10/07/2013 06:32 pm ET Updated Jan 23, 2014

Rhythm, Joy, Kuumba and Rickie BB


Rickie Byars Beckwith embodies rhythm and joy. I first met Rickie, or Rickie BB as she is affectionately known, in August of 1999 when I was taken to the Agape International Spiritual Center ( shortly after moving to Los Angeles from New York City. She is an inspired singer/songwriter/musician, Agape's Music and Arts Director and the director of the renowned Agape International Choir.

Woman, artist, mother, wife, grandmother, auntie, sister, friend, I have had the pleasure of getting to know and love her throughout the years for her heart, soul, honesty, humor, brilliance, hearty laugh and creative genius. She was supportive and generous toward me when I was planning the launch of the Million Mamas Movement. Rickie's husband, wisdom teacher and author, Michael Beckwith, is the founder of the 9,000 member Agape International Spiritual Center. With Michael and on her own, she has created some of the most beautiful, healing and inspirational music I've ever heard. Rickie taught me about Kuumba, which means creativity and joy and discovery and creating things together. She continually stretches herself creatively. I wanted to talk with Rickie about creativity because as a mom and a parenting educator, I find that children have such rich creative lives very early on and it informs their life experience. It's vital that our children have arts in education and have ways to express themselves. I'm so curious about the creative process. My husband is a singer/songwriter and when inspiration moves through him, he goes into another zone. When I pray, when I dance, I go into another dimension.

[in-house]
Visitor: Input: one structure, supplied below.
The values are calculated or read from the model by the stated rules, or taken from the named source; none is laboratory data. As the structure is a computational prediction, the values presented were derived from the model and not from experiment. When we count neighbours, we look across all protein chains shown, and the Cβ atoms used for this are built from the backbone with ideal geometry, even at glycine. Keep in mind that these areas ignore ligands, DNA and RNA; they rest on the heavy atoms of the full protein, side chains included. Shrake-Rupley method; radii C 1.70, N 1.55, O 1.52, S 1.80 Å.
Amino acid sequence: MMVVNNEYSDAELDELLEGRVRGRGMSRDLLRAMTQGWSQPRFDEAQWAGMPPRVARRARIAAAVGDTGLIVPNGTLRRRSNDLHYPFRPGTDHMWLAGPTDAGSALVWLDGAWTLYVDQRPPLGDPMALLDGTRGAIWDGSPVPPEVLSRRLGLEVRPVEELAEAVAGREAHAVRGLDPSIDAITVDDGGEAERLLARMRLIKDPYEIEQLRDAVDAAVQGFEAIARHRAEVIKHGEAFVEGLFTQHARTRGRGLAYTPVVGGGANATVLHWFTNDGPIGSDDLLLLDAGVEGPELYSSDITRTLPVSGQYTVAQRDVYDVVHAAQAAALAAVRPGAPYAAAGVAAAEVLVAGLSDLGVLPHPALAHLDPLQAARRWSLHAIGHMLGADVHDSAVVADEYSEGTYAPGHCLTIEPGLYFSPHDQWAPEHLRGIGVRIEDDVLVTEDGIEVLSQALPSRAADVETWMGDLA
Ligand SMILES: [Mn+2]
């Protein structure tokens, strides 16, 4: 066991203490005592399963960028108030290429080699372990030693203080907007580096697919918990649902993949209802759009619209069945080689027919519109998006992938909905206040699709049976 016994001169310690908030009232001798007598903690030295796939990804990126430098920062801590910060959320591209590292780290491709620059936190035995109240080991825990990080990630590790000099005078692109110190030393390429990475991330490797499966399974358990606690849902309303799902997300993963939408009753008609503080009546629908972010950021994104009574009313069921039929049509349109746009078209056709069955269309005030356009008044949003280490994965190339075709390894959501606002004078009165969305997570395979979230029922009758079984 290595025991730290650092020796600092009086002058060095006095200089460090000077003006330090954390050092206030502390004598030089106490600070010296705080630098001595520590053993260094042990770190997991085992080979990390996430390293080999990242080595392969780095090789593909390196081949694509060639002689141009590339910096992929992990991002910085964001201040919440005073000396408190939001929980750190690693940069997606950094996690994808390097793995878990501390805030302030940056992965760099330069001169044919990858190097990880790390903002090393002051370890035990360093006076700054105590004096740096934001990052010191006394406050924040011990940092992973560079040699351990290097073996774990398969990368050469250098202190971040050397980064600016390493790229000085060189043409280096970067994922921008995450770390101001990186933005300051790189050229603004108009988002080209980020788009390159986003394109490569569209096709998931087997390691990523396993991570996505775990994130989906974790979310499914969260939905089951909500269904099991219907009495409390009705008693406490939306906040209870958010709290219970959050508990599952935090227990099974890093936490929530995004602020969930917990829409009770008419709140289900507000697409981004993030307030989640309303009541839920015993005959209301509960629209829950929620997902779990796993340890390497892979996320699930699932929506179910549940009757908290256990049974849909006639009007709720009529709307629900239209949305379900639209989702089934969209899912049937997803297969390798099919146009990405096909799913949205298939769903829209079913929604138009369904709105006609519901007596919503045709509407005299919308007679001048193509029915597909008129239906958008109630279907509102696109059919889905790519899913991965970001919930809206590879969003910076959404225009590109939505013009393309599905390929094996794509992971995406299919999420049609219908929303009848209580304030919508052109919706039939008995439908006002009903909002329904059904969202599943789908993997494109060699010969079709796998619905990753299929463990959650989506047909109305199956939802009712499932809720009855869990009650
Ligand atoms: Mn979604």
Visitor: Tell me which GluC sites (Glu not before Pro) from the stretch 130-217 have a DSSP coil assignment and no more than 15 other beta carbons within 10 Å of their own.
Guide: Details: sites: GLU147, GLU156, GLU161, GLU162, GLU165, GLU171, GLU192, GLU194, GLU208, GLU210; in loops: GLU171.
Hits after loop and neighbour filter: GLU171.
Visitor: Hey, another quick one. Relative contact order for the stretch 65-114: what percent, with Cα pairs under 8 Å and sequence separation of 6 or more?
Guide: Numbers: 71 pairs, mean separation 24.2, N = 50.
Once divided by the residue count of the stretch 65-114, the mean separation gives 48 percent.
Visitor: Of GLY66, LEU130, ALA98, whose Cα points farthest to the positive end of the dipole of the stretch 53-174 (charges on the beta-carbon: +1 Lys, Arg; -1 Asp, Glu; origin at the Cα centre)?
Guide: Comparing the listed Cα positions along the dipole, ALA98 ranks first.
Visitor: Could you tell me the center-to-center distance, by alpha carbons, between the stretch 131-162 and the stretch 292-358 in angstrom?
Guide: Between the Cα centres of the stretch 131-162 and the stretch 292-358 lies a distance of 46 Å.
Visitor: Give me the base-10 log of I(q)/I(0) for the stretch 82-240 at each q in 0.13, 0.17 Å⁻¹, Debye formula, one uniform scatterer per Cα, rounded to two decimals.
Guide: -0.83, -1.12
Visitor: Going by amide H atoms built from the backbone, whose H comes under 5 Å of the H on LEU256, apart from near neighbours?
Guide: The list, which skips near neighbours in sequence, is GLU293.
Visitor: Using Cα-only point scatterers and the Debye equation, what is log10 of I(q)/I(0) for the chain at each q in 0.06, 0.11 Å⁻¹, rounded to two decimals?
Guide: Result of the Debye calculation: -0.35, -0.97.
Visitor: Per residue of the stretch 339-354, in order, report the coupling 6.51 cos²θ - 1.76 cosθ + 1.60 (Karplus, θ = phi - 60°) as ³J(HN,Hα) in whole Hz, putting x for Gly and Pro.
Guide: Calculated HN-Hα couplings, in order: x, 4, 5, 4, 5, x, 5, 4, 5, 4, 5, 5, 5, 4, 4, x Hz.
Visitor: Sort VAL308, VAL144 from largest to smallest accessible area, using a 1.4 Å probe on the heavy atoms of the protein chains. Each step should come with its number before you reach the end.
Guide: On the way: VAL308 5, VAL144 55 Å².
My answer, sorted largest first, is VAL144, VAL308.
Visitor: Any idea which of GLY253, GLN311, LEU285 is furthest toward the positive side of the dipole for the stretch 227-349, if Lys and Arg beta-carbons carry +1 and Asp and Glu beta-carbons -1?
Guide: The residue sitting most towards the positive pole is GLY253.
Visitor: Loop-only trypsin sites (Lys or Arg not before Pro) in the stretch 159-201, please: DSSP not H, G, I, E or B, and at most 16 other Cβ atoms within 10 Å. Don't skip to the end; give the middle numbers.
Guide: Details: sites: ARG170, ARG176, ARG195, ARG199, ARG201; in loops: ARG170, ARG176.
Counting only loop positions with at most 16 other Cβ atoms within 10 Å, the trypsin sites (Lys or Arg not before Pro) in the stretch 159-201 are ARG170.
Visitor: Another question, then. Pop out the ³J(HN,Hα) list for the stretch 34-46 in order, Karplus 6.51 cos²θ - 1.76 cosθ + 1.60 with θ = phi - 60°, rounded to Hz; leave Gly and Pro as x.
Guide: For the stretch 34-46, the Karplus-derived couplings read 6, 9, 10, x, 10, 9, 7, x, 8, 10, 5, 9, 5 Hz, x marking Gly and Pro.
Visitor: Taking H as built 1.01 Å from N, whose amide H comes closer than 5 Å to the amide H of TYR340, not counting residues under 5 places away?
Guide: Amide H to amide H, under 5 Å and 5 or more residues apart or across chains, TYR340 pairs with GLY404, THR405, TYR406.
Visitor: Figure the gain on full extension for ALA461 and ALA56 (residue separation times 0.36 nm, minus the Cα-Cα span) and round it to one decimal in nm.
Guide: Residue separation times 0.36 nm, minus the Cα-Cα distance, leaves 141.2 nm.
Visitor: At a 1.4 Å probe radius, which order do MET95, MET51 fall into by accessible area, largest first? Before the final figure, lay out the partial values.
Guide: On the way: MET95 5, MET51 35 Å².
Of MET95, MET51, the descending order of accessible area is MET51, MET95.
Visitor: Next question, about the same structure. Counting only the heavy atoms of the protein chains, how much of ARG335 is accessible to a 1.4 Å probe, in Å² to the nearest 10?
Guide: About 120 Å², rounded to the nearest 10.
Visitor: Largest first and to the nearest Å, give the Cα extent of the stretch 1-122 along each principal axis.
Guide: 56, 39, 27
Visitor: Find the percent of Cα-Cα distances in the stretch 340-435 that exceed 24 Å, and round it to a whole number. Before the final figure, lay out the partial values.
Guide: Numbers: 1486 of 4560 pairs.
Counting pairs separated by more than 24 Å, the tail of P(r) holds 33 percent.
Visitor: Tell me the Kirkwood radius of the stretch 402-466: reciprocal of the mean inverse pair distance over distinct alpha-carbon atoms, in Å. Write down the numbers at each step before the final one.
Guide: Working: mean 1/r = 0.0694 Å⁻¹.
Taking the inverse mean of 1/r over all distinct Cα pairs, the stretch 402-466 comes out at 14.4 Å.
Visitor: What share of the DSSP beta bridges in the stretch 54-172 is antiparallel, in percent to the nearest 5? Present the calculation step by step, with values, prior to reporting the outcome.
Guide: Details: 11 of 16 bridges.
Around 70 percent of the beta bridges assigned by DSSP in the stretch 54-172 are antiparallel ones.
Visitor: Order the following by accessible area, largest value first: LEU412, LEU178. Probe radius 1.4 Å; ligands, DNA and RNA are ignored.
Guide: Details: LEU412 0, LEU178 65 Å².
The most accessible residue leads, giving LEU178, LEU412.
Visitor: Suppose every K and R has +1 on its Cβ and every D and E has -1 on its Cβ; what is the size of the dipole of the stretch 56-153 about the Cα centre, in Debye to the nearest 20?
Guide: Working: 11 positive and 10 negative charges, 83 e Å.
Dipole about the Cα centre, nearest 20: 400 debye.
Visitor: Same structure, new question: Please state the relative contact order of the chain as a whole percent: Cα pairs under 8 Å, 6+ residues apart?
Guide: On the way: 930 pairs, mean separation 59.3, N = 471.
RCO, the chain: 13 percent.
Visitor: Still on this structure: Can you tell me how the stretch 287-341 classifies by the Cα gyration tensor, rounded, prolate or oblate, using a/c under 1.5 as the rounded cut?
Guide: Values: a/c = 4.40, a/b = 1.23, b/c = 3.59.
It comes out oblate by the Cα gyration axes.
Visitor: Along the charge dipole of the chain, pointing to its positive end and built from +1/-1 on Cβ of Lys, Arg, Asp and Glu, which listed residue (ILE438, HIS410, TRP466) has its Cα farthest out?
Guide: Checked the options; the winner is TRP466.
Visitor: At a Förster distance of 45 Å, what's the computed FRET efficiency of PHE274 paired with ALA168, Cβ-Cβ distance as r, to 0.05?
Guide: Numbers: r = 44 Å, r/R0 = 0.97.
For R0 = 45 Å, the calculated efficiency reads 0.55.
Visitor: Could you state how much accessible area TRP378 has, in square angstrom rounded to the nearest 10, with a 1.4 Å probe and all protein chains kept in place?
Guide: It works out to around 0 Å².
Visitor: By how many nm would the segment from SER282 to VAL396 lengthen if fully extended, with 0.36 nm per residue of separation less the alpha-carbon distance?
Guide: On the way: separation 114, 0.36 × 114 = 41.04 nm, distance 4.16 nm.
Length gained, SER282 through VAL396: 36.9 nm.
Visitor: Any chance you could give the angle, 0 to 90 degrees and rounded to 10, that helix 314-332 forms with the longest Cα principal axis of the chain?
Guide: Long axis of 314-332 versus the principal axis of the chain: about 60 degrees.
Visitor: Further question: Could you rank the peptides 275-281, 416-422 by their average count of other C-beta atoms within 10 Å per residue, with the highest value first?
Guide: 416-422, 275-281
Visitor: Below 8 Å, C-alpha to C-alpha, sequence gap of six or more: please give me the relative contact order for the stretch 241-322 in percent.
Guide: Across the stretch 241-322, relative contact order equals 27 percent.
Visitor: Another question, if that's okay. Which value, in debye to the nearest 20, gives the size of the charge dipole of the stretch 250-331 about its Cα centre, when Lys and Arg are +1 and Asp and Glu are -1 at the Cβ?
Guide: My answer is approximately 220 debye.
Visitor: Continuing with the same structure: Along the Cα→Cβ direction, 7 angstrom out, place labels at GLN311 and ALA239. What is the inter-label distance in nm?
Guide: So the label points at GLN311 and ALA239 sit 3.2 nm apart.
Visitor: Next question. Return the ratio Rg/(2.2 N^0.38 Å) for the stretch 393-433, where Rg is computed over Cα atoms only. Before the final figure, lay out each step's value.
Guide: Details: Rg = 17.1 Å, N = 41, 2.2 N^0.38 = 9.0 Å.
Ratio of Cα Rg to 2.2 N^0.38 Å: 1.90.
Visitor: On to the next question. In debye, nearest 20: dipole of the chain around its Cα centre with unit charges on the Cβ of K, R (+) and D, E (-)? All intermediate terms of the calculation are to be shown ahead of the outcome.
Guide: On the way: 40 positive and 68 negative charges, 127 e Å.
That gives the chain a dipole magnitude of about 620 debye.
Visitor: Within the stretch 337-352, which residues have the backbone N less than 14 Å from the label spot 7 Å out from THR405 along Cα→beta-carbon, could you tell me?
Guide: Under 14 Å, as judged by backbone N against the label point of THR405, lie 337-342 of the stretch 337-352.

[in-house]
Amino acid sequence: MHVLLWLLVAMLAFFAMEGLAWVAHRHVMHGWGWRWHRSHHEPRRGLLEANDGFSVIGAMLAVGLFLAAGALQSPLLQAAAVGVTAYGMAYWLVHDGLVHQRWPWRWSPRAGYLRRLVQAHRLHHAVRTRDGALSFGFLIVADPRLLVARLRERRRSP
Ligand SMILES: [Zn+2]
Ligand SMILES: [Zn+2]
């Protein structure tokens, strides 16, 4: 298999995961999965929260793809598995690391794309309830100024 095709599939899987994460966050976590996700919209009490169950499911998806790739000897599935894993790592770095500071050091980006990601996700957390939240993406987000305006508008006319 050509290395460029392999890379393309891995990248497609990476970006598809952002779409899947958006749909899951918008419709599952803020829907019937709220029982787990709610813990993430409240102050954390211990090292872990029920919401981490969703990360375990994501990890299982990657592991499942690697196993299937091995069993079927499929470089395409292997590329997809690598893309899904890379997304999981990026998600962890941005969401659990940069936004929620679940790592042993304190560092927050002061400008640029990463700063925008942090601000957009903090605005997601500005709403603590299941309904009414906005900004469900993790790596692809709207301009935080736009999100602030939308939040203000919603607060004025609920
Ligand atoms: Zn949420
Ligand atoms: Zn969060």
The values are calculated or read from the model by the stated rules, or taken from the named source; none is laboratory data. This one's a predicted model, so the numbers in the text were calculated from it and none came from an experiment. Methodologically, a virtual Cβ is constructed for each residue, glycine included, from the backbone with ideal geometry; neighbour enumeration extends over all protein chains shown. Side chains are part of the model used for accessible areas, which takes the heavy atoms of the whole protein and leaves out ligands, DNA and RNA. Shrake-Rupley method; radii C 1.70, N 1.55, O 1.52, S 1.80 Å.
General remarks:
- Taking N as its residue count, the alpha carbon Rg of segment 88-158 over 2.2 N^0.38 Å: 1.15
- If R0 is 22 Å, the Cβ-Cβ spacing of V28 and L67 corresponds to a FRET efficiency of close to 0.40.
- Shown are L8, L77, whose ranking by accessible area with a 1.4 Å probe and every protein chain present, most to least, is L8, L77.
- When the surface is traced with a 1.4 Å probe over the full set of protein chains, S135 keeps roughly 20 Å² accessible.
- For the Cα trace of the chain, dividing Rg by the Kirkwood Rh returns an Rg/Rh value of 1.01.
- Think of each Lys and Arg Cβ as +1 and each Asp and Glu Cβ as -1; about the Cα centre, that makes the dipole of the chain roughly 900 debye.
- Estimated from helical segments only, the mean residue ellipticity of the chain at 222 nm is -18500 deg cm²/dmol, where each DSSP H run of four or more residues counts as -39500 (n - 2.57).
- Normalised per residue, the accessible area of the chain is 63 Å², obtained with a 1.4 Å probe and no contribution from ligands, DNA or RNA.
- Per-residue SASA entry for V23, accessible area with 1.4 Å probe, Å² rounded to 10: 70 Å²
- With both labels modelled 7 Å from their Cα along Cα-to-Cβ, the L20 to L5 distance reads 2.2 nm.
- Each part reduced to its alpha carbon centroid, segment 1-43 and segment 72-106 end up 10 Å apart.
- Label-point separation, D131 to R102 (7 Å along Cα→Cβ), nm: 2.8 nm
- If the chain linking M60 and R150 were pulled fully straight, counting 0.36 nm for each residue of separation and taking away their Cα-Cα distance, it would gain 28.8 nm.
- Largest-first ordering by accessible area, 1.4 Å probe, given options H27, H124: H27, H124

I asked Rickie recently if she was always musical and if she remembered hearing and perceiving things through music as early as 4 years old. Rickie's answer expresses the inner life of a child so beautifully. Rickie said:

"I did. I mean, it was even earlier than that. I can remember when I was 2 years old, I remember really seeing light through a blind and just knowing that something was happening that was really special, with the blind, with the furniture, in the room. I became aware that I knew and then at 3, I remember this piano in this house that we lived in in the projects on Gibbs Street in Charlotte, NC and I remember there was little wooden toy piano. I have a whole story about it. I have a whole book of stories about my youth, (Let My Soul Surrender). But, this particular one is about the songs I would play on that piano and I could always pick out melodies. I thought they were my songs."

Capturing the perception of a child so perfectly, Rickie went on to say:

"I thought that they were my songs. And when I'd hear them on the radio, I was happy that the people remembered how my song went cos I had forgotten one last little part of Ol King Wenceslaus. (laughs) Y'know, cos that was the first song I really remember playing, was Old King Wenceslaus (hums the notes and melody). I remember picking that out, nobody in my house showed me that. I could hear it. I could always hear it and I can still hear it."